RALEIGH – Duke Energy plans to launch a $25 million pilot program for electric vehicle charging stations as well as replacing some diesel-powered school buses.
However, the plan as approved by the North Carolina Utilities Commission last week and announced Monday is only a third the size as Duke proposed in early 2019.
The commission also calls for Duke to “create a stakeholder process to craft other programs to spur future EV adoption in the state.”
“There were a number of intervenors who could be involved: environmental and clean energy groups – plus EV charging companies,” a spokesperson for Duke Energy says.
Highlights of the program include as summarized by the utility:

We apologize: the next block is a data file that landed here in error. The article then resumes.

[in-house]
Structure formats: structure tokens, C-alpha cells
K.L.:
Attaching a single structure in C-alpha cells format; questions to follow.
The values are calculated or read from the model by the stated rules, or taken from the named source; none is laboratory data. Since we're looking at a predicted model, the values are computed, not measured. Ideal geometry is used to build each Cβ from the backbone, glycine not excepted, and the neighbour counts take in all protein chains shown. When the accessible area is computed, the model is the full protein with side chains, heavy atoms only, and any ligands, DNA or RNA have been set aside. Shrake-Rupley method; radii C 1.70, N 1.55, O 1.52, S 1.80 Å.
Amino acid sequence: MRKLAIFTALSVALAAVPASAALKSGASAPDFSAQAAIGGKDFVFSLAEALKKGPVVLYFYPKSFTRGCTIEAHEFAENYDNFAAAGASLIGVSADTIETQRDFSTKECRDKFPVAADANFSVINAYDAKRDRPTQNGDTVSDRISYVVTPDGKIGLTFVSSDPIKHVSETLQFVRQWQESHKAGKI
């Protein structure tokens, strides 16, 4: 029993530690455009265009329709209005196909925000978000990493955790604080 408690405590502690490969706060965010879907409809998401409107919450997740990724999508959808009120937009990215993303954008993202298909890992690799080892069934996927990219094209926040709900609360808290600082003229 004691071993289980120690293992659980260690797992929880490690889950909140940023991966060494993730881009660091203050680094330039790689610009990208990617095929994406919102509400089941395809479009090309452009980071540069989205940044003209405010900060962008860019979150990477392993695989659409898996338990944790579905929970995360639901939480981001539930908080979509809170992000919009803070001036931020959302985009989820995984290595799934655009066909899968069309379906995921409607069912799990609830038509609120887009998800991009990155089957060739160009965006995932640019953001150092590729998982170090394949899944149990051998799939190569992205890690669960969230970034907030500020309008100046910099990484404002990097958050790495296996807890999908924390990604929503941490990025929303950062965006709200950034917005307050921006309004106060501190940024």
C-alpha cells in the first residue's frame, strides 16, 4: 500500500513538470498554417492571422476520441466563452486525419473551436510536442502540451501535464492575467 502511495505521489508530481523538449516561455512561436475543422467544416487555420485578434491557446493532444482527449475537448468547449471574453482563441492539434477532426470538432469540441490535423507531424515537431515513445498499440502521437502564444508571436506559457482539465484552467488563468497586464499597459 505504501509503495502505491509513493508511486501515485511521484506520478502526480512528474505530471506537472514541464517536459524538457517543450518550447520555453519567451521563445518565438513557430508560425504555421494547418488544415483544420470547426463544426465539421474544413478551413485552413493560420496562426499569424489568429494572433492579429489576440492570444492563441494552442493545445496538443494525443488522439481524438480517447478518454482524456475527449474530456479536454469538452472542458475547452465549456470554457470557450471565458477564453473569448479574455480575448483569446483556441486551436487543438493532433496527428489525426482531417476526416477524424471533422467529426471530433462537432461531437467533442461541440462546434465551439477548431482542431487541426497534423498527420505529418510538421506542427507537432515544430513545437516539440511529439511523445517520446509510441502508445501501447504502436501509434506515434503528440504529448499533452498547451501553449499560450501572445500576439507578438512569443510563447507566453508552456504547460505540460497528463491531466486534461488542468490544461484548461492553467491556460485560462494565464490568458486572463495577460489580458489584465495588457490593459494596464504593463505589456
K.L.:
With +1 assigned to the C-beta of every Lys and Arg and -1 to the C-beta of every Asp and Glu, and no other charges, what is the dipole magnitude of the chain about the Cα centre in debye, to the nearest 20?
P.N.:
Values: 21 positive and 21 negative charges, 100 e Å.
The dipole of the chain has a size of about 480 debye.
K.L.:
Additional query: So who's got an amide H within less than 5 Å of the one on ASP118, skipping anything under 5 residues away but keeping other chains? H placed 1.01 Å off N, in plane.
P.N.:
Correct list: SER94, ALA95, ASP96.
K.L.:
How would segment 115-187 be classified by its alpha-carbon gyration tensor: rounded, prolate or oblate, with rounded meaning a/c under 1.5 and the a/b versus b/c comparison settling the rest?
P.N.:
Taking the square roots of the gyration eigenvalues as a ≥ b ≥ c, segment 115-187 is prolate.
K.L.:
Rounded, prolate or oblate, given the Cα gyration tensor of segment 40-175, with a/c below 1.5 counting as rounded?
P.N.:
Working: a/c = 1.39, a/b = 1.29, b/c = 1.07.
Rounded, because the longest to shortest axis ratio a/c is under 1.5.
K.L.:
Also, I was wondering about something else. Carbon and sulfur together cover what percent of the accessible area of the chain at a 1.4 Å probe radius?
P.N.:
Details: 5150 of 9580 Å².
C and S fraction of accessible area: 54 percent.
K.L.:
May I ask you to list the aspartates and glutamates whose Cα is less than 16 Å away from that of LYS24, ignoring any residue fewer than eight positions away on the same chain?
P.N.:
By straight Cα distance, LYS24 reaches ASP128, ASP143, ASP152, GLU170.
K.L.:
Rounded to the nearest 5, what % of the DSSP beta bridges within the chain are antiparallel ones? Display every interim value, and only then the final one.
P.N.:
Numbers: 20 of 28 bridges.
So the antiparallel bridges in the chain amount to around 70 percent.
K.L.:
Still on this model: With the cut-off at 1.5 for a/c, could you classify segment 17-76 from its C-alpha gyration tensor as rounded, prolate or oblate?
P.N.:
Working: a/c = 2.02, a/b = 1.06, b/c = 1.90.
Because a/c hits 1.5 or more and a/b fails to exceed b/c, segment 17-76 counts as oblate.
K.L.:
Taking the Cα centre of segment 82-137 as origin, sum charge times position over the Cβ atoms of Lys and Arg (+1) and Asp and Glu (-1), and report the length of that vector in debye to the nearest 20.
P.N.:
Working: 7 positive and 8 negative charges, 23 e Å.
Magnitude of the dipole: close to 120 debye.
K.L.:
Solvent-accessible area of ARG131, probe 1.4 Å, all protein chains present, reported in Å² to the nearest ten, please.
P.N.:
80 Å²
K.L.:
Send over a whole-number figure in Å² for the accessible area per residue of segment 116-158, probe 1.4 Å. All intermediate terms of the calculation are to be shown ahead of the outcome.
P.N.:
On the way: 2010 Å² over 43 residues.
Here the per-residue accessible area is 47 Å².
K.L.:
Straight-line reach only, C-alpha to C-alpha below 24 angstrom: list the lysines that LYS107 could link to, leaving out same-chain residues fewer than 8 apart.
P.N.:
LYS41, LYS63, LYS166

Duke Energy will install, own and operate a total of 160 public Level 2 charging stations at public destinations to encourage EV adoption. The company will collect utilization and other load characteristics to understand potential grid and utility impacts.
Duke Energy will install, own and operate 40 publicly accessible direct current fast charging stations throughout North Carolina.
It will install, own and operate up to 80 Level 2 charging stations for residents of multifamily dwellings — providing easy access to EV charging for non-homeowners throughout the state.
It will help replace 30 older, diesel school buses with zero-emission school buses in public school transportation systems. The funding will be up to $215,000 per bus on a first-come, first-served basis to school districts.